Judge Palmer proved that he still doesn't get it in a mid-August interview with Benedict in his chambers, and at the same time exposed the fatal flaw in so much of what passes for jurisprudence:
Q: Looking back at the Kelo decision (by the Connecticut Supreme Court), how do you see it now? In other words, has it led to good law?
A: I think that our court ultimately made the right decision insofar as it followed governing U.S. Supreme Court precedent. Whether the Kelo case has led to good statutory law is not a question for me or my court; so long as that law is constitutional, its merits are beyond the scope of our authority. Of course, judges are also citizens and, therefore, we may hold a view on the merits, but that view should not interfere with or affect our legal judgment concerning the law's constitutionality.
I'm sorry, Judge Palmer, that doesn't cut it. The primary question before your court was whether Connecticut's statute went beyond the Constitution's Fifth Amendment restriction of eminent domain to "public use" situations. It wasn't, or shouldn't have been, about what had been done in previous cases, while perhaps looking to the Constitution as an afterthought.
You blew the ruling, because even if New London somehow had concocted the most wonderful and "successful" plan on earth with gleaming new buildings all around, it still would not have involved a "public use," and still should never, ever have been allowed. Judges should not care at all whether statist proponents of eminent-domain expansion have been able to rack up 100, 500, or 1,000 "precedent-setting" cases in front of pliant judges invoking "public purpose" instead of "public use" while allowing property to be taken from private citizens and conveyed to other private citizens. The starting point should always be what the Founders wrote, and determining what the Founders meant. Then, and only then, should case law matter. In Kelo vs. New London, case law shouldn't have meant a darned thing. The Fifth Amendment's "public use" limitation could hardly be more clear.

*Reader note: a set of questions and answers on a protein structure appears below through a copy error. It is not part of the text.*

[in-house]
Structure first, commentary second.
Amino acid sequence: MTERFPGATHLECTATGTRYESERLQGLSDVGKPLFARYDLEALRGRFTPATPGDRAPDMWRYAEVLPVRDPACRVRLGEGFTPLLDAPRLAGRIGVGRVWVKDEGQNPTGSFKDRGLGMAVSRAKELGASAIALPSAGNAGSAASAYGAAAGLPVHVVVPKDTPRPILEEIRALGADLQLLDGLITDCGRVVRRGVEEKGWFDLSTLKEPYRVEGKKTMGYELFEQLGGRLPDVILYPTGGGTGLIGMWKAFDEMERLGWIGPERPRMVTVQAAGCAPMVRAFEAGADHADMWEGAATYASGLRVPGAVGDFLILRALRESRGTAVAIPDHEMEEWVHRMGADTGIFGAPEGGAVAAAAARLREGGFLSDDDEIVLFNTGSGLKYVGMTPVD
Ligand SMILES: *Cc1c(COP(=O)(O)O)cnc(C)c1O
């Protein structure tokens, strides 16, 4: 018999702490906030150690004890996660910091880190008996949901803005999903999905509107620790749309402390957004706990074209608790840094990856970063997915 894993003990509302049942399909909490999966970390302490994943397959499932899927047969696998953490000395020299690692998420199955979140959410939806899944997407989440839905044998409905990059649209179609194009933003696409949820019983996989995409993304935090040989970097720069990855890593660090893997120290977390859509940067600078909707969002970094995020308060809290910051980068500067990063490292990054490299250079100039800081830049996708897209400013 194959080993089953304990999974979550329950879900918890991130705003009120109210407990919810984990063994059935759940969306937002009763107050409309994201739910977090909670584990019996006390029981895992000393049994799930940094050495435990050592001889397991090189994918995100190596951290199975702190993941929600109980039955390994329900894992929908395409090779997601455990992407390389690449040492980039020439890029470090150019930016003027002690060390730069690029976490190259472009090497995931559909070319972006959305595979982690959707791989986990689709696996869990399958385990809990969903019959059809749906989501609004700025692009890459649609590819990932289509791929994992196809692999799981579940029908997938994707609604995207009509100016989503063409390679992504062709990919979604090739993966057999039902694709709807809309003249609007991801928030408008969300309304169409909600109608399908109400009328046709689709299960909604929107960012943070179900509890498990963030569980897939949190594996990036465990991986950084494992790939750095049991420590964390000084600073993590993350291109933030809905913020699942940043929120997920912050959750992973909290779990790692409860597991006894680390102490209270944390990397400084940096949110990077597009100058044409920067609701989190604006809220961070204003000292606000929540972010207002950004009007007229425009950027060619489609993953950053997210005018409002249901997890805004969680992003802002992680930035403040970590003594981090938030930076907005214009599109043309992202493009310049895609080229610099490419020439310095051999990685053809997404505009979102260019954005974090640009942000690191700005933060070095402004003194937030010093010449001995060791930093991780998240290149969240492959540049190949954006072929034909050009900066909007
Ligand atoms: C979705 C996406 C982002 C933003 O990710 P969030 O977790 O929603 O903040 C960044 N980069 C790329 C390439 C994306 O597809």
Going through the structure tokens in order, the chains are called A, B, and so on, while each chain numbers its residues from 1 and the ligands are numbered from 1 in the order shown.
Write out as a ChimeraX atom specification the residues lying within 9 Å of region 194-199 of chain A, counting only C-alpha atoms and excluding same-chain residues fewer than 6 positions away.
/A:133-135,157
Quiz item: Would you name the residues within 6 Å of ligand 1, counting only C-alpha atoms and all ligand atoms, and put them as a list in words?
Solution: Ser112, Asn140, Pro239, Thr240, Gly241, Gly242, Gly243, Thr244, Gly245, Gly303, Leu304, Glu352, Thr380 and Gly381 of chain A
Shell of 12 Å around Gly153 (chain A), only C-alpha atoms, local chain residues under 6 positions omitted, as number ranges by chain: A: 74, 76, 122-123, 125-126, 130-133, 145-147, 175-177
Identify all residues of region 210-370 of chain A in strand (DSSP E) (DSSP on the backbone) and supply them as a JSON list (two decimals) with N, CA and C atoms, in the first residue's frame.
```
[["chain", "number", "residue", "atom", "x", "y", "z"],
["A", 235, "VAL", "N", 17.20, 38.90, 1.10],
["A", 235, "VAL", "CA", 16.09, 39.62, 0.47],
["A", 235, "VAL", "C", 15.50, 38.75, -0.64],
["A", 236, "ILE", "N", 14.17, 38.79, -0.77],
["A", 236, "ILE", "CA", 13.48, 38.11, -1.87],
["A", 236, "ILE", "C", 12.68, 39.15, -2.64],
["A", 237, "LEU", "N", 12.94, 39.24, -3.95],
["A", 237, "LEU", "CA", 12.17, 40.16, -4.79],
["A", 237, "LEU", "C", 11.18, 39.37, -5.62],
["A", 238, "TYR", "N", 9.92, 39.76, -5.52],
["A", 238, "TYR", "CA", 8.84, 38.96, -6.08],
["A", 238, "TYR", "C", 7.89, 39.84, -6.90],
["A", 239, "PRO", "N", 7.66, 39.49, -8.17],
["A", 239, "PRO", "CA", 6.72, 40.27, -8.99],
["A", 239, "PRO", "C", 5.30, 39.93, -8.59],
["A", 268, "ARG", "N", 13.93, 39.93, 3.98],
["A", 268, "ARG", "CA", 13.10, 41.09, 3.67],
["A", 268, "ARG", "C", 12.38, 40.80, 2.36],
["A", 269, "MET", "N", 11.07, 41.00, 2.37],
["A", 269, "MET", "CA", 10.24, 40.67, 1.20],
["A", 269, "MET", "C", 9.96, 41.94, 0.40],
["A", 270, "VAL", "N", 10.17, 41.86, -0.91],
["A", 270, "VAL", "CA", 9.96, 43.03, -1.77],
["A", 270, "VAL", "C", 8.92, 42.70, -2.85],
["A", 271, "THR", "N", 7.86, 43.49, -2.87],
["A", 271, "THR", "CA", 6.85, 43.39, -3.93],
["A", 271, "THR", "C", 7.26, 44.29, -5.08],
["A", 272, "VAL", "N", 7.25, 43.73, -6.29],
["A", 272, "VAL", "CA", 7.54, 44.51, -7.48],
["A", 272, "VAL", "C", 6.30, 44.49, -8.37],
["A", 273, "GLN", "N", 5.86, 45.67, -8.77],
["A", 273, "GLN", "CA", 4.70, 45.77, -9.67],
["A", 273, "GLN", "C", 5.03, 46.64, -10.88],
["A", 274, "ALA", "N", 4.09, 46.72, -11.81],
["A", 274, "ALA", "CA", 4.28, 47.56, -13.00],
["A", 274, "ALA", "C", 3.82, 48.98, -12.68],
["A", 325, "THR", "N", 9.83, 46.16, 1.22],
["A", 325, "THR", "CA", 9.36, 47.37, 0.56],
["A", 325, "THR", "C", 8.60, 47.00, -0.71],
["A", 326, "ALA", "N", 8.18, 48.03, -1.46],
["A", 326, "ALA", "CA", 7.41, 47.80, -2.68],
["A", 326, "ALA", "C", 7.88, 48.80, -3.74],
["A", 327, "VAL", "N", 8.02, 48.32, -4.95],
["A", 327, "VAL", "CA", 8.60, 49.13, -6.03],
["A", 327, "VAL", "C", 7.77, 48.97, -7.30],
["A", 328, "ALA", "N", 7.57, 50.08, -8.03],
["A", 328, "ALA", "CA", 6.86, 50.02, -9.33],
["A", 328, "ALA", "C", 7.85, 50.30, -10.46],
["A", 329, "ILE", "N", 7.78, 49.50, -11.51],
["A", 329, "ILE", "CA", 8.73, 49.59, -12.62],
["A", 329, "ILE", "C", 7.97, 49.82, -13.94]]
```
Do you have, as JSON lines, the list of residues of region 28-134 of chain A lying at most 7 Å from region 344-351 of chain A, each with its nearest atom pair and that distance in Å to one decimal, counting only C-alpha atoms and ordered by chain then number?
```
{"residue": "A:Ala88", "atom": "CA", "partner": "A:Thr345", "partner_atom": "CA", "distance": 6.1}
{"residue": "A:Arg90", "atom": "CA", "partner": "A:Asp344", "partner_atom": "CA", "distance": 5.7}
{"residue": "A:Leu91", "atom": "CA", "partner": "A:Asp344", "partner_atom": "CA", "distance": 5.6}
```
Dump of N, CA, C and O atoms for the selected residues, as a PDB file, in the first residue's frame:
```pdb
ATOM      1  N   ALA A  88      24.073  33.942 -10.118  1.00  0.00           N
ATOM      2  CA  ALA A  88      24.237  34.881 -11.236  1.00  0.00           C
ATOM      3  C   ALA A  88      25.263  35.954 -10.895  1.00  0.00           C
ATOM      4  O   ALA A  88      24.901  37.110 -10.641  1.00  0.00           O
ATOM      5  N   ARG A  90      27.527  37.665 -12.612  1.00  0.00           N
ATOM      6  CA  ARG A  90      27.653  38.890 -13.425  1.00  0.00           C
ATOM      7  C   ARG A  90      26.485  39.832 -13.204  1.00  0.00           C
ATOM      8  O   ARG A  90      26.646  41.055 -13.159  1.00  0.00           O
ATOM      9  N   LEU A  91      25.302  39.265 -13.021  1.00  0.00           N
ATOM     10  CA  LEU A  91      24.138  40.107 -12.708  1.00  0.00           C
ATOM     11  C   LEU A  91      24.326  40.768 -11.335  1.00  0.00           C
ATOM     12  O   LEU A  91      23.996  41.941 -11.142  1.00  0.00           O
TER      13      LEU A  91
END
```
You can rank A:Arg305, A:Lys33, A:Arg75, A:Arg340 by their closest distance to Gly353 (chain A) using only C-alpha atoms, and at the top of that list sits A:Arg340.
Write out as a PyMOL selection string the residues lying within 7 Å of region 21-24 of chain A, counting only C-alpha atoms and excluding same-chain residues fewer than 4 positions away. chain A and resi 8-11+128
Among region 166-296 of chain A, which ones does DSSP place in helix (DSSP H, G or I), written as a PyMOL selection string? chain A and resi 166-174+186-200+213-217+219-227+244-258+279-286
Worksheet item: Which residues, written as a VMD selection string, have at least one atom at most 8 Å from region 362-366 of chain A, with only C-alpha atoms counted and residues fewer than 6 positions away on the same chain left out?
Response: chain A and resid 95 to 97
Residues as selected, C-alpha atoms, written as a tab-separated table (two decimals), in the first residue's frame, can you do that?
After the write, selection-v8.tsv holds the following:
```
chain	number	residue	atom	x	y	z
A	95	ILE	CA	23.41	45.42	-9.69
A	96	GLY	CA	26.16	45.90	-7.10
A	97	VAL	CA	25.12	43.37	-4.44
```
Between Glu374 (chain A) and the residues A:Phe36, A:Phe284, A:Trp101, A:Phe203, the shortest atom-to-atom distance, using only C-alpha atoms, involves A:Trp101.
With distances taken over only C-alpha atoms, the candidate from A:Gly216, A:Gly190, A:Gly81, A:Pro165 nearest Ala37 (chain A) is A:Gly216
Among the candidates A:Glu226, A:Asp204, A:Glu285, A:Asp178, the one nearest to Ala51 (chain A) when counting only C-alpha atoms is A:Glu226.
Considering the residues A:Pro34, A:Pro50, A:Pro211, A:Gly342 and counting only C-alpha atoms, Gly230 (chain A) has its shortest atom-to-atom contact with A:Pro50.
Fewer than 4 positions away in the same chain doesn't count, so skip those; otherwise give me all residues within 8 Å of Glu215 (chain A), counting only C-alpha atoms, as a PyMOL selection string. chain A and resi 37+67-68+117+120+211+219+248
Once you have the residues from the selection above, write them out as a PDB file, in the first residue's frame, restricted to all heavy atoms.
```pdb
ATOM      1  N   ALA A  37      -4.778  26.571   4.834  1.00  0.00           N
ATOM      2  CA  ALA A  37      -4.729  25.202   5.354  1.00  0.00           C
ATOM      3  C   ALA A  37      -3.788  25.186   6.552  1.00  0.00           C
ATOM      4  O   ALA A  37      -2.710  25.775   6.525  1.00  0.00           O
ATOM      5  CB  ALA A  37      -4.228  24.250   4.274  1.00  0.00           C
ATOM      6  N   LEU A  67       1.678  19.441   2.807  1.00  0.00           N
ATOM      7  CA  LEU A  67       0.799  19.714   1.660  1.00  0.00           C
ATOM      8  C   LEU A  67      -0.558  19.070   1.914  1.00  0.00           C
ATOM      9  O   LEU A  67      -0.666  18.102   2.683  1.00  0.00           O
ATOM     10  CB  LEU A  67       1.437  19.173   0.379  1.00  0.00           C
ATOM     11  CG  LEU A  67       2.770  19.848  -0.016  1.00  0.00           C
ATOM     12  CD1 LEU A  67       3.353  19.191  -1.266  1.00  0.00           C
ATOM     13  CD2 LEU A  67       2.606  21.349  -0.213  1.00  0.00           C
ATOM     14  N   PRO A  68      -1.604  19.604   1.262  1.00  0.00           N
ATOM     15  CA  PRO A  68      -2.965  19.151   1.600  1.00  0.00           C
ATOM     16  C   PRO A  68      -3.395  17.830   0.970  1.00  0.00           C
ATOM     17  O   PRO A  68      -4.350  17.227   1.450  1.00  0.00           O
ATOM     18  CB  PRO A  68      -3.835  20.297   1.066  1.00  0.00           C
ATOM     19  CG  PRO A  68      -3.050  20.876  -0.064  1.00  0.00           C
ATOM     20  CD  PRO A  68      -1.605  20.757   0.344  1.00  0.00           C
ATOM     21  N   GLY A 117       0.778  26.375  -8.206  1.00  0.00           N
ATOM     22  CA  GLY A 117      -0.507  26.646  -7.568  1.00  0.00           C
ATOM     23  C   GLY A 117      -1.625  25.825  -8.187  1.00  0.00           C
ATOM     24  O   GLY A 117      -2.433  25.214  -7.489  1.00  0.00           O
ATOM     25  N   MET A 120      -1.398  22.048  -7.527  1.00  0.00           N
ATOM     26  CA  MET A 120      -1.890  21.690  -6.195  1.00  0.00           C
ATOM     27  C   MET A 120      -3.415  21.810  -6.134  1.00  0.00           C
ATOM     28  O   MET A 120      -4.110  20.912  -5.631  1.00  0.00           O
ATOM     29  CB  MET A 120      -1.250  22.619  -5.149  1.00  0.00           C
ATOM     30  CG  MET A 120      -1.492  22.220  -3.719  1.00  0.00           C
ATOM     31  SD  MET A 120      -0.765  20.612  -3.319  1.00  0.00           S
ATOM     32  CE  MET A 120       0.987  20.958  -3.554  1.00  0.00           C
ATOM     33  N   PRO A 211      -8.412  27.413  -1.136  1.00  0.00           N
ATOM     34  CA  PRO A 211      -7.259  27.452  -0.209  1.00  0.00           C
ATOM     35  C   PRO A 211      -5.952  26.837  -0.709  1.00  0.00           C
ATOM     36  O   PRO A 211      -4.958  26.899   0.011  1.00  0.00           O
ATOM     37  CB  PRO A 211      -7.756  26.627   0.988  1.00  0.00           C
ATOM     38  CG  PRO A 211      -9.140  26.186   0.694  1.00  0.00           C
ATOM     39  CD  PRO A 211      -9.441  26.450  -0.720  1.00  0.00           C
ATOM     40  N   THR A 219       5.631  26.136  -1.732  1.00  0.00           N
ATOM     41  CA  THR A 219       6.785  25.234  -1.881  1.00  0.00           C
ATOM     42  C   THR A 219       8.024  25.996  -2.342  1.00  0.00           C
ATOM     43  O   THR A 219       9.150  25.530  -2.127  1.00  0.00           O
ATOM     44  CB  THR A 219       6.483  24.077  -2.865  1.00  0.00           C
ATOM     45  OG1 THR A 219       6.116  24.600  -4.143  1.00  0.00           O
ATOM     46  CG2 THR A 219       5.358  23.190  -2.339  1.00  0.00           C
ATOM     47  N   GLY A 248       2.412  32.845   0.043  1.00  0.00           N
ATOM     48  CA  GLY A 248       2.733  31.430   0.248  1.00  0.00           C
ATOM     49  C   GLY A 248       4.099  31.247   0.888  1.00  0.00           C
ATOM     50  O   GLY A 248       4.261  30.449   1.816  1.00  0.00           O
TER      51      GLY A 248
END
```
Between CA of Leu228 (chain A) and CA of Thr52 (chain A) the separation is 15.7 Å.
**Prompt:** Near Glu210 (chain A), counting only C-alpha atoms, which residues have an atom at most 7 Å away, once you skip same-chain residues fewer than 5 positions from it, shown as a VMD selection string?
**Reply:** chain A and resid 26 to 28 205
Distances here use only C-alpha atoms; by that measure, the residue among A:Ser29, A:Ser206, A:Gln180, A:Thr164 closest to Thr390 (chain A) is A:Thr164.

This exposes the fundamental flaw of the legal system's overdependence on case law. Previous rulings which vary from what the Founders prescribed become the new de facto legal standards, while the importance of the Constitution's original words and the Founders' original intent continually diminish.
Judge Palmer isn't "sorry" in any beneficial sense, and his apology to Susette Kelo, while perhaps a nice surface gesture, is as substantively hollow as the day is long. Now that Ms. Kelo understands the judge's twisted "logic" as explained to Benedict in the Courant, the guess here is that she totally agrees.
That said, high-profile "apologies" often make news. So far this one hasn't. I doubt that it will. The establishment prefers statism, and to portray judges, especially leftist judges (Palmer is a Democrat, and Benedict really should have identified his party affiliation), as our infallible betters.
Cross-posted at BizzyBlog.com.